First Edition: September 9, 2011
In today's headlines, reports about the 4th Circuit Court of Appeals' decision blocking two health law challenges and the congressional debt panel's first meeting.
Kaiser Health News: Scoreboard: Tracking Health Law Court Challenges
Appeals courts have ruled on five challenges to the health law, and two more currently await appeals courts rulings. On Sept. 8, the 4th Circuit Court of Appeals ruled on two challenges to the health law, brought by the Commonwealth of Virginia and Liberty University, and in both cases they vacated the district court ruling and instructed the lower court to dismiss the challenges. Kaiser Health News is tracking the status of 26 federal lawsuits seeking to overturn the Patient Protection and Affordable Care Act and will update those and other new cases on this page (Vaida and Eisenhower, updated 9/8).
Kaiser Health News: Capsules: Berwick Turns 65; Where To Find The Best Of Long-Term Care
Now on the blog, Phil Galewitz writes that Centers for Medicare & Medicaid Services Chief Donald Berwick will turn 65 today and become a Medicare beneficiary. Also on the Capsules, Galewitz reports on a report released Thursday that details the availability of accessible, affordable and quality long term care to the elderly and disabled. Check out the blog.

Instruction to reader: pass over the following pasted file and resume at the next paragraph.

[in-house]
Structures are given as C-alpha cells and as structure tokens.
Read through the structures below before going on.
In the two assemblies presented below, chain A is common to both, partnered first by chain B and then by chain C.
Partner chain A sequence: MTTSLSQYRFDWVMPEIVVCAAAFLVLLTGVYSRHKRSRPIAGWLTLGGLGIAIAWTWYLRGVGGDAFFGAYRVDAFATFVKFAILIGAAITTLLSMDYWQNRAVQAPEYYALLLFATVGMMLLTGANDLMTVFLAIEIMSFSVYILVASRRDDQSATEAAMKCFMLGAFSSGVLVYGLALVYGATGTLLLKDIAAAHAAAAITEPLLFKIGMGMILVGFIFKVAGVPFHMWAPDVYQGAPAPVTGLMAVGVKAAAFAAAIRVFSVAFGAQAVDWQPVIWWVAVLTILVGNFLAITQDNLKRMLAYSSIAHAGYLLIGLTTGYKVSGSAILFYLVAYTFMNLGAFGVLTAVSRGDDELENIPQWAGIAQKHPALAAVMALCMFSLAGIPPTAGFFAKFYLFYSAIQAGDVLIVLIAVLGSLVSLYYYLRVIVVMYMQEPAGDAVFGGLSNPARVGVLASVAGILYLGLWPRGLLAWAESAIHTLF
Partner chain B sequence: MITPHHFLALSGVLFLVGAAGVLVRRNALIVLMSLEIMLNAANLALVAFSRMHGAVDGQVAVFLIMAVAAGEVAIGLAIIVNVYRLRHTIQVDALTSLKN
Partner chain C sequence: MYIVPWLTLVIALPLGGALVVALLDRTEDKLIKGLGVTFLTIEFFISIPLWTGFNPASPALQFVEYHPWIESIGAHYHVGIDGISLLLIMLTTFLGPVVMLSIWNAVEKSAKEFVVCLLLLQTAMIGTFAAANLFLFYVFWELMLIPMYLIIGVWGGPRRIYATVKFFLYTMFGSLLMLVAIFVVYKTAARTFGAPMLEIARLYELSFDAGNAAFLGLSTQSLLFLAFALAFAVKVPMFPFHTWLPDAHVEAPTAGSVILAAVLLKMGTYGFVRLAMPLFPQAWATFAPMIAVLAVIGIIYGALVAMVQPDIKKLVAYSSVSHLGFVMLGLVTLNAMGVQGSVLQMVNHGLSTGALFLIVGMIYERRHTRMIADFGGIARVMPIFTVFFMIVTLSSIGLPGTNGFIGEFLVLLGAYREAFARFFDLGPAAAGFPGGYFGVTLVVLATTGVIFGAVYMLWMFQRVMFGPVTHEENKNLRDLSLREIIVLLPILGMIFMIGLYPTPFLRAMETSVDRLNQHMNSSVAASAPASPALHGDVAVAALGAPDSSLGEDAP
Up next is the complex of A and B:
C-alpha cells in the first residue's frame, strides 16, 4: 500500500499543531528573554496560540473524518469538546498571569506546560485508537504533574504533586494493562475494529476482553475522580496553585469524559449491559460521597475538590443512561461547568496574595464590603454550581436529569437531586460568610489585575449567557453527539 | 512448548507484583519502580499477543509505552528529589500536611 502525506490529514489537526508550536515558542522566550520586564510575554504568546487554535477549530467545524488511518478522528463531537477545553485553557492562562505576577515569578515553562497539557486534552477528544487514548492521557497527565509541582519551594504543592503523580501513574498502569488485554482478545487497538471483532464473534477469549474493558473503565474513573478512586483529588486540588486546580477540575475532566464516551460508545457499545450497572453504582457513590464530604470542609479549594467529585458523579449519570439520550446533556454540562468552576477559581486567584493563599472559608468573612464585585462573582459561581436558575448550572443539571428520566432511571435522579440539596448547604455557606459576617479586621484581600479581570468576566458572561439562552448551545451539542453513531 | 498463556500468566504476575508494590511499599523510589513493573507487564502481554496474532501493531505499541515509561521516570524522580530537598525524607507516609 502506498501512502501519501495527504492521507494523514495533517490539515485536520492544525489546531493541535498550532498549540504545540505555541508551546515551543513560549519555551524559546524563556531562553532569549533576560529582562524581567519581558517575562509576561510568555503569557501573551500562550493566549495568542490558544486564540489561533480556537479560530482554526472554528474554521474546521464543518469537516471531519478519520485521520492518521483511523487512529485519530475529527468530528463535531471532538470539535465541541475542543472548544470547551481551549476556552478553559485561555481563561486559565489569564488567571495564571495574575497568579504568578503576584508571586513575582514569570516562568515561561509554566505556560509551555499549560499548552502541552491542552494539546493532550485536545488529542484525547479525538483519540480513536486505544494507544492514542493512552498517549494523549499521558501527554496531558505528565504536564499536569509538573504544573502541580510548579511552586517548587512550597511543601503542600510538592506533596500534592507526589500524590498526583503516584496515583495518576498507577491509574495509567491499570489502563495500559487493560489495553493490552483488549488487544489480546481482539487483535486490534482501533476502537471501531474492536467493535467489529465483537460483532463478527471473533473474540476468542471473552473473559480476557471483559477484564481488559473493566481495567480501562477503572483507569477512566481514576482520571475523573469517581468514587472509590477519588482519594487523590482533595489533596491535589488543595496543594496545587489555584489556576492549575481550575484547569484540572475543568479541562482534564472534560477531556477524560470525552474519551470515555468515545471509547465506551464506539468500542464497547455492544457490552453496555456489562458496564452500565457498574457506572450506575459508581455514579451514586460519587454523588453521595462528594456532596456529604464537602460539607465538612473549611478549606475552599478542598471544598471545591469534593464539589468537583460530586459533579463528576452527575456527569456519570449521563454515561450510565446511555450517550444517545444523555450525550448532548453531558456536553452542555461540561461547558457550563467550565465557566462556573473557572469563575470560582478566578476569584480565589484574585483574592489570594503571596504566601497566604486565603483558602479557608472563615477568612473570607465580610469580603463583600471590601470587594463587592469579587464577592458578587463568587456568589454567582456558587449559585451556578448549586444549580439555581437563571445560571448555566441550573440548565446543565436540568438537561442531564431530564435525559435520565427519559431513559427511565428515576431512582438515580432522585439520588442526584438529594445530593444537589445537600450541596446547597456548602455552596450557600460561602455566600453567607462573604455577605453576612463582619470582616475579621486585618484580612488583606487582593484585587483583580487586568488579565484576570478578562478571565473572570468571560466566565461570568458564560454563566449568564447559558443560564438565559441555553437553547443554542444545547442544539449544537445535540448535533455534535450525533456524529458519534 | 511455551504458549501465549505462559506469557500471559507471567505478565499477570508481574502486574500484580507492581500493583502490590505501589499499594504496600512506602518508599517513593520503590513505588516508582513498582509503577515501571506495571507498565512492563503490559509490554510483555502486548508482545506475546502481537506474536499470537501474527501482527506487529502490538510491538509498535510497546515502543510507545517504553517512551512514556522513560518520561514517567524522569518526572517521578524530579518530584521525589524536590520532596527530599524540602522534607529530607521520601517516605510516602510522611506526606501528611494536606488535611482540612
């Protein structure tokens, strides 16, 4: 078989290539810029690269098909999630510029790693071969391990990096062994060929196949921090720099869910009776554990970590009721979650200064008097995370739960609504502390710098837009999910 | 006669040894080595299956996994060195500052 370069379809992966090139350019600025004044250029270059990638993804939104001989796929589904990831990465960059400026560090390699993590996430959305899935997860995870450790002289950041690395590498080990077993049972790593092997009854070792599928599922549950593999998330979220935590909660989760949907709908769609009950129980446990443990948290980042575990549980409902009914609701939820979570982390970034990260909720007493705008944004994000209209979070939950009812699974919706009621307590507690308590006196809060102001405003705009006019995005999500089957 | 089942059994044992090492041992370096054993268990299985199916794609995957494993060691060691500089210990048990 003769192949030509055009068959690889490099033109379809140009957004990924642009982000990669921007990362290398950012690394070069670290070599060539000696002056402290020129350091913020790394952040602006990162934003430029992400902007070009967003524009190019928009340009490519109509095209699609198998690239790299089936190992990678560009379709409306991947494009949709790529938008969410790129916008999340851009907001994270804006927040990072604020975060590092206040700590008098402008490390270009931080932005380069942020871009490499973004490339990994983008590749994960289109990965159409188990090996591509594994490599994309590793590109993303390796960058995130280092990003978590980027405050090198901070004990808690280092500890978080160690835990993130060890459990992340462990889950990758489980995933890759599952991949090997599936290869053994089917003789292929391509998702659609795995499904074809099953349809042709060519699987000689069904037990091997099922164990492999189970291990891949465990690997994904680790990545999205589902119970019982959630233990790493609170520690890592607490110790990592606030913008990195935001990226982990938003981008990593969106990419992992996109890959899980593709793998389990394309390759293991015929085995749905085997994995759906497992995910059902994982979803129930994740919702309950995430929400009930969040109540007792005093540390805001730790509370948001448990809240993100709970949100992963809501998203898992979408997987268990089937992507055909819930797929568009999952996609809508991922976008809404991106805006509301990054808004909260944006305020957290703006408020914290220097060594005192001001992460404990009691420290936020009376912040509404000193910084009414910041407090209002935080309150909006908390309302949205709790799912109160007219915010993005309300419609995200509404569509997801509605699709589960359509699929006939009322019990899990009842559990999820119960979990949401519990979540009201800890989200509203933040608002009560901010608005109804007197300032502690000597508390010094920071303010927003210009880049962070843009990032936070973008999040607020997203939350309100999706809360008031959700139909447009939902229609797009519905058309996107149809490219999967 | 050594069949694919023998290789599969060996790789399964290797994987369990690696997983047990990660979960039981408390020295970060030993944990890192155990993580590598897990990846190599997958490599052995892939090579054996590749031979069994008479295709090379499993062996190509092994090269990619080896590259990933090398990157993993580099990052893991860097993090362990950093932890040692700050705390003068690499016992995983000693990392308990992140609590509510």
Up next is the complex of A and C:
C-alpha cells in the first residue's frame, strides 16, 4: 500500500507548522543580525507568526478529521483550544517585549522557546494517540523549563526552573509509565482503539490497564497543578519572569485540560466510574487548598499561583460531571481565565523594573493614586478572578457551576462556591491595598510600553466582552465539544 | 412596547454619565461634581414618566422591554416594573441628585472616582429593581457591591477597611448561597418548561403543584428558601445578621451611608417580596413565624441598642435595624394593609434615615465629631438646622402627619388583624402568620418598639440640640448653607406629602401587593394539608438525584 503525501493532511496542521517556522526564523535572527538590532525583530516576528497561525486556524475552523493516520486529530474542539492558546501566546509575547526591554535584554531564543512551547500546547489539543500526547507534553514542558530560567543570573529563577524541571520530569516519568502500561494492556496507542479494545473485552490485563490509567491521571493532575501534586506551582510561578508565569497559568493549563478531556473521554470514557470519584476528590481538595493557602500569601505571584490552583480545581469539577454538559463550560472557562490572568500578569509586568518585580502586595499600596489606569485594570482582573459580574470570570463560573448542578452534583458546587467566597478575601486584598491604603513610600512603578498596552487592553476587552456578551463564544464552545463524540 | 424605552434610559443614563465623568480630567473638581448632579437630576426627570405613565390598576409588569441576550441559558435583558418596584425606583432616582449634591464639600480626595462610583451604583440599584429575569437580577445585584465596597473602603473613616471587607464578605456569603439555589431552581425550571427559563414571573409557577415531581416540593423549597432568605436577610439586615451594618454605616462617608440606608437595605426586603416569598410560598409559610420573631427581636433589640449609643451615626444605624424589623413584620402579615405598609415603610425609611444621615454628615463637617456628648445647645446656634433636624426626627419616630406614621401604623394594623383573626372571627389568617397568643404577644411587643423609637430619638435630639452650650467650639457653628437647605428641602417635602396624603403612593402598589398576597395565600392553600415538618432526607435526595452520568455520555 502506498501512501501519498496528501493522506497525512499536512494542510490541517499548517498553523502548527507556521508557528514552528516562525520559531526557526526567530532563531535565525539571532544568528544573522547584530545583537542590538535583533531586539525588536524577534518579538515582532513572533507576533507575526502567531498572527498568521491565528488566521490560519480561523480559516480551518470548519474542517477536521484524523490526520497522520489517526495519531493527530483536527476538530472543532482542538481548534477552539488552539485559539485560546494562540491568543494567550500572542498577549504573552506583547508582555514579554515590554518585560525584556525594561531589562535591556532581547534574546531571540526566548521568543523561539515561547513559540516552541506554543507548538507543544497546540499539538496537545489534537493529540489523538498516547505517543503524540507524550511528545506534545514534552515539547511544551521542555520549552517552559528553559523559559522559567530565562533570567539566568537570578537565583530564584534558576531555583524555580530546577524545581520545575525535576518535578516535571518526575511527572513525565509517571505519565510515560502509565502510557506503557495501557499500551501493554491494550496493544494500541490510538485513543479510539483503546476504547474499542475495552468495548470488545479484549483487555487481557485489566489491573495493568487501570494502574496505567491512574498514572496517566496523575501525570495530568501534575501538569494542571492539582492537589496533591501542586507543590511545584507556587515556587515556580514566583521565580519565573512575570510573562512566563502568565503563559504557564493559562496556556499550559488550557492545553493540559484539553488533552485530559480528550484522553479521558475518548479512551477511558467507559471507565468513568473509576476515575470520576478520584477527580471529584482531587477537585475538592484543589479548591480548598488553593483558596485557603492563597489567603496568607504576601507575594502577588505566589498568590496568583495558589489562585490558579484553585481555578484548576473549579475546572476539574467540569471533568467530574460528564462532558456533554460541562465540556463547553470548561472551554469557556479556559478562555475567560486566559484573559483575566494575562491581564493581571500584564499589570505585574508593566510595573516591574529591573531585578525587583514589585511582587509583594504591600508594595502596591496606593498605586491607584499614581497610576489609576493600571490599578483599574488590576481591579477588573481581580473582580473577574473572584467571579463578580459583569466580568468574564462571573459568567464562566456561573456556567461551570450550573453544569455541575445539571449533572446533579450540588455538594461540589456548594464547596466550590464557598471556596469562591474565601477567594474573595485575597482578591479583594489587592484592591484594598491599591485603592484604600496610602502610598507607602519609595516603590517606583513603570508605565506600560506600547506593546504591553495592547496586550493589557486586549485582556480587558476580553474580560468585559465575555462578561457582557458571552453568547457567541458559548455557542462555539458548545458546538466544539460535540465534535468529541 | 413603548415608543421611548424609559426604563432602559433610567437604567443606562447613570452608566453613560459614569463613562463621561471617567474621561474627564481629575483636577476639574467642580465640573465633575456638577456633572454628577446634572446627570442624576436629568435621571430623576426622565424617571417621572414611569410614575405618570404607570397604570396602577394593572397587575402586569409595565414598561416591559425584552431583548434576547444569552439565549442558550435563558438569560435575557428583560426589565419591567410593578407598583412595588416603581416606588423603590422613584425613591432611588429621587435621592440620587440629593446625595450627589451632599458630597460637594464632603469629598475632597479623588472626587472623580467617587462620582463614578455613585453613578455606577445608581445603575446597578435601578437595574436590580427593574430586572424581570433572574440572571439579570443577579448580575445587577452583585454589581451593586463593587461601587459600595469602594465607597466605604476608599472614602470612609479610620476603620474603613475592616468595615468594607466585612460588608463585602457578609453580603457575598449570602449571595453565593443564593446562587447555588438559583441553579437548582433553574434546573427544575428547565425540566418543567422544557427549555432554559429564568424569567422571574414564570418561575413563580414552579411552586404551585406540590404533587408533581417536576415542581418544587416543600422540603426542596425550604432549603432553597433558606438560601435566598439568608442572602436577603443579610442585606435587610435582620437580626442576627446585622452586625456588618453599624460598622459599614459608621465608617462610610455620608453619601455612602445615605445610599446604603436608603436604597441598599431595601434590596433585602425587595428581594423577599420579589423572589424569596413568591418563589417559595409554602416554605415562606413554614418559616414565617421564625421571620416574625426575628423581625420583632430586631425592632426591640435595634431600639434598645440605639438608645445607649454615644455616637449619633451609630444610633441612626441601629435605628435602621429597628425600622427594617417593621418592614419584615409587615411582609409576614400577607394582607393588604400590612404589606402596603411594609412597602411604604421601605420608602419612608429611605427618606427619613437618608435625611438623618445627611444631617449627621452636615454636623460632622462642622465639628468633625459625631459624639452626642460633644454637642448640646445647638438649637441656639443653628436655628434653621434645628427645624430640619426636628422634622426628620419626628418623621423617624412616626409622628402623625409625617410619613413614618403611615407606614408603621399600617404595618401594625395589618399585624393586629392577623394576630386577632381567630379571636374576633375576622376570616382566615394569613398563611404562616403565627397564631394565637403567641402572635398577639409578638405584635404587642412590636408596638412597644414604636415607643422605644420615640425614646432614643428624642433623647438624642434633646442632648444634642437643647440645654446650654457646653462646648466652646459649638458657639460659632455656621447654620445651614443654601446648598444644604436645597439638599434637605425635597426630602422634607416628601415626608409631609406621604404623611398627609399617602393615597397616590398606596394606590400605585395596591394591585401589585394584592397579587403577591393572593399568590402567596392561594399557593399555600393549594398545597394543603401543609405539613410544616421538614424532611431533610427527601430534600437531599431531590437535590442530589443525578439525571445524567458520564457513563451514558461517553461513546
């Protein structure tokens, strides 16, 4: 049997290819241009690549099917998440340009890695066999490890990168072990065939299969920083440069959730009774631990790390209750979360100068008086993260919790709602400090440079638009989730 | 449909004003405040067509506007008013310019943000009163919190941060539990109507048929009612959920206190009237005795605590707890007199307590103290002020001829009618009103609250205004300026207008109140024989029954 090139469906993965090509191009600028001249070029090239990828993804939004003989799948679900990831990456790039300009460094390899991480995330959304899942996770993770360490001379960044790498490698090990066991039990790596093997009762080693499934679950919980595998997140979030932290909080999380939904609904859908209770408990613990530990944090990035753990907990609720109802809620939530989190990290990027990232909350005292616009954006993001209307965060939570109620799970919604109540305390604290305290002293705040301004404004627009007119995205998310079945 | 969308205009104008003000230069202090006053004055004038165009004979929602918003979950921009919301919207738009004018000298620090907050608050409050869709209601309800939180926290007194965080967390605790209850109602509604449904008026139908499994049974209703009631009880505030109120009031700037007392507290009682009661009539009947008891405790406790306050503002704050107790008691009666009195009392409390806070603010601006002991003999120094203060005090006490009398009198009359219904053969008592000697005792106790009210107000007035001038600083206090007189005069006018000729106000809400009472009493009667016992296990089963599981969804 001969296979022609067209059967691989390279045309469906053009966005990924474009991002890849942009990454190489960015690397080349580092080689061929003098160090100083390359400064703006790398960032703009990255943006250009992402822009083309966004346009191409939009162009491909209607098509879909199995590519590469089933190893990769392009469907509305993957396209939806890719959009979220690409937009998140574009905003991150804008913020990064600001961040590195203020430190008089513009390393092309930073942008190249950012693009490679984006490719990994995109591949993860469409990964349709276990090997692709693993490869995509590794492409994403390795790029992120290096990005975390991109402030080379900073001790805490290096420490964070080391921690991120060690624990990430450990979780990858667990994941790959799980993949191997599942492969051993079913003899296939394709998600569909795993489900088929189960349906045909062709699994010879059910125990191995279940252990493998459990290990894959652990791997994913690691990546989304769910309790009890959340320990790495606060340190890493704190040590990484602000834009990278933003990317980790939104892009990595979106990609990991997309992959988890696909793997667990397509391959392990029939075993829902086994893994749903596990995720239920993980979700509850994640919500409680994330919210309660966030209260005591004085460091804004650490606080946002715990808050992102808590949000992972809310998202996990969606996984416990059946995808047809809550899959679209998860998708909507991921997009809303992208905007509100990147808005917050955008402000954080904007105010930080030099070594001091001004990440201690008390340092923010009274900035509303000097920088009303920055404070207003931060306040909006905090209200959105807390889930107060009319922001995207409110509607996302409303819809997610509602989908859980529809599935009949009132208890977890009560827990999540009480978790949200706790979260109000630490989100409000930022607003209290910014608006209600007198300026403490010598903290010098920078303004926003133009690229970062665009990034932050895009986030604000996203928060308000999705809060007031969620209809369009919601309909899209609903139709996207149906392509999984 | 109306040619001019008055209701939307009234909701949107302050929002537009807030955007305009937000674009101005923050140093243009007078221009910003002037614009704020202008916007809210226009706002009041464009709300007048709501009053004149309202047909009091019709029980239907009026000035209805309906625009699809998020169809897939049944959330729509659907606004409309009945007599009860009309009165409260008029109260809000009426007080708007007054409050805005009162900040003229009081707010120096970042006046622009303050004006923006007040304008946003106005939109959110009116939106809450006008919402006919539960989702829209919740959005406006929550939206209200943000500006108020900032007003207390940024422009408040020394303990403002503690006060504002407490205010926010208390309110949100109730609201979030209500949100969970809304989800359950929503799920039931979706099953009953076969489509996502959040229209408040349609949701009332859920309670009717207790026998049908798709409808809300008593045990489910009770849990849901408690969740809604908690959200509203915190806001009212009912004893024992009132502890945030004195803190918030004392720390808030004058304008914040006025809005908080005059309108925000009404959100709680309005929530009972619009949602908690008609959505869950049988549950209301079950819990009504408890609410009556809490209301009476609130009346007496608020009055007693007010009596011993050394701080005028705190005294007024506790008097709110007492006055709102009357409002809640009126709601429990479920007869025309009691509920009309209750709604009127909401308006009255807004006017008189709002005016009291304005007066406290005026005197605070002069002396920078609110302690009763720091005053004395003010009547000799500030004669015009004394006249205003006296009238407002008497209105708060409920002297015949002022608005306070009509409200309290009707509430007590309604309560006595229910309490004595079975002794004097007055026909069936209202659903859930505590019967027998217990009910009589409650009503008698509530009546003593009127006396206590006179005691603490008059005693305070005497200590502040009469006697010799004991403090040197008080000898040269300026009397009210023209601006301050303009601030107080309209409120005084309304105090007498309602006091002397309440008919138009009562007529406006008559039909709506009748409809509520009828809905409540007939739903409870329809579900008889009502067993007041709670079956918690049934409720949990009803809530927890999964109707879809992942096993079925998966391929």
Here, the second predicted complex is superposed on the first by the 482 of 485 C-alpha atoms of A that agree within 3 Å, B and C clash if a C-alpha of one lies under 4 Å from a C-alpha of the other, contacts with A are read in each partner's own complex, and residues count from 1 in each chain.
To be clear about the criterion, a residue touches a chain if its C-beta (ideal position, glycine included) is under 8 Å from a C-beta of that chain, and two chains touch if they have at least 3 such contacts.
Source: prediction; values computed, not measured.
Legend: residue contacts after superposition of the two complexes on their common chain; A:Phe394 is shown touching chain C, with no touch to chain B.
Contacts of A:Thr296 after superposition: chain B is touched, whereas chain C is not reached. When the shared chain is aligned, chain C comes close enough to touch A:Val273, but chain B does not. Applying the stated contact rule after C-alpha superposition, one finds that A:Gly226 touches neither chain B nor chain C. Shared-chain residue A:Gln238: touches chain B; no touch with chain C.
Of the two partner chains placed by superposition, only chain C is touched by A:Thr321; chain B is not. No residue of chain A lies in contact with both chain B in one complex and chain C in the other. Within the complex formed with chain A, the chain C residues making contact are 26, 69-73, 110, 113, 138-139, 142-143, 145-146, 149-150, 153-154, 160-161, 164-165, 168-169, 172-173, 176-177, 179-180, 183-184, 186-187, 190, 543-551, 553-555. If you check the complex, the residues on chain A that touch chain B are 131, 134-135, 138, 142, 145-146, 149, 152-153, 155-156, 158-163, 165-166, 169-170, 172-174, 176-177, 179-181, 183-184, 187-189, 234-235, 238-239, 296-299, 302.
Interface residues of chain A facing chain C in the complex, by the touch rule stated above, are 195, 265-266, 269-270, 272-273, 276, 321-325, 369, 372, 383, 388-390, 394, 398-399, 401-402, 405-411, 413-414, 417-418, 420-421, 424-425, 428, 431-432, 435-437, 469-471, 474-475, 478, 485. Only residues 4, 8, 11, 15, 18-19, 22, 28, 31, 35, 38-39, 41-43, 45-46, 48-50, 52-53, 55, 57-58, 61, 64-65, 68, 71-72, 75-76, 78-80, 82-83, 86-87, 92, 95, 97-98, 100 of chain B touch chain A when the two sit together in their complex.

The New York Times: Court Blocks Suit Against Health Law
A federal appellate court in Richmond, Va., on Thursday threw out a pair of cases challenging the constitutionality of President Obama's 2010 health care law, ruling for varying reasons that the plaintiffs did not have legal standing to sue (Sack, 9/8).
Los Angeles Times: Appeals Court Dismisses Challenges To Health Reform Law
A federal appeals court in Virginia on Thursday rejected two conservative challenges to President Obama's healthcare law, ruling that the legal dispute over the mandate to have insurance cannot be decided by judges until after 2014 when the tax penalty takes effect. The first decision overruled a Virginia judge, who was the first to declare the healthcare law unconstitutional, and it threw out the suit brought by Virginia Atty. Gen. Kenneth Cuccinelli on the grounds that he had no standing to sue in the first place. But the second decision could change the brewing legal battle over the healthcare law, which appears headed for a Supreme Court showdown early next year (Savage, 9/8).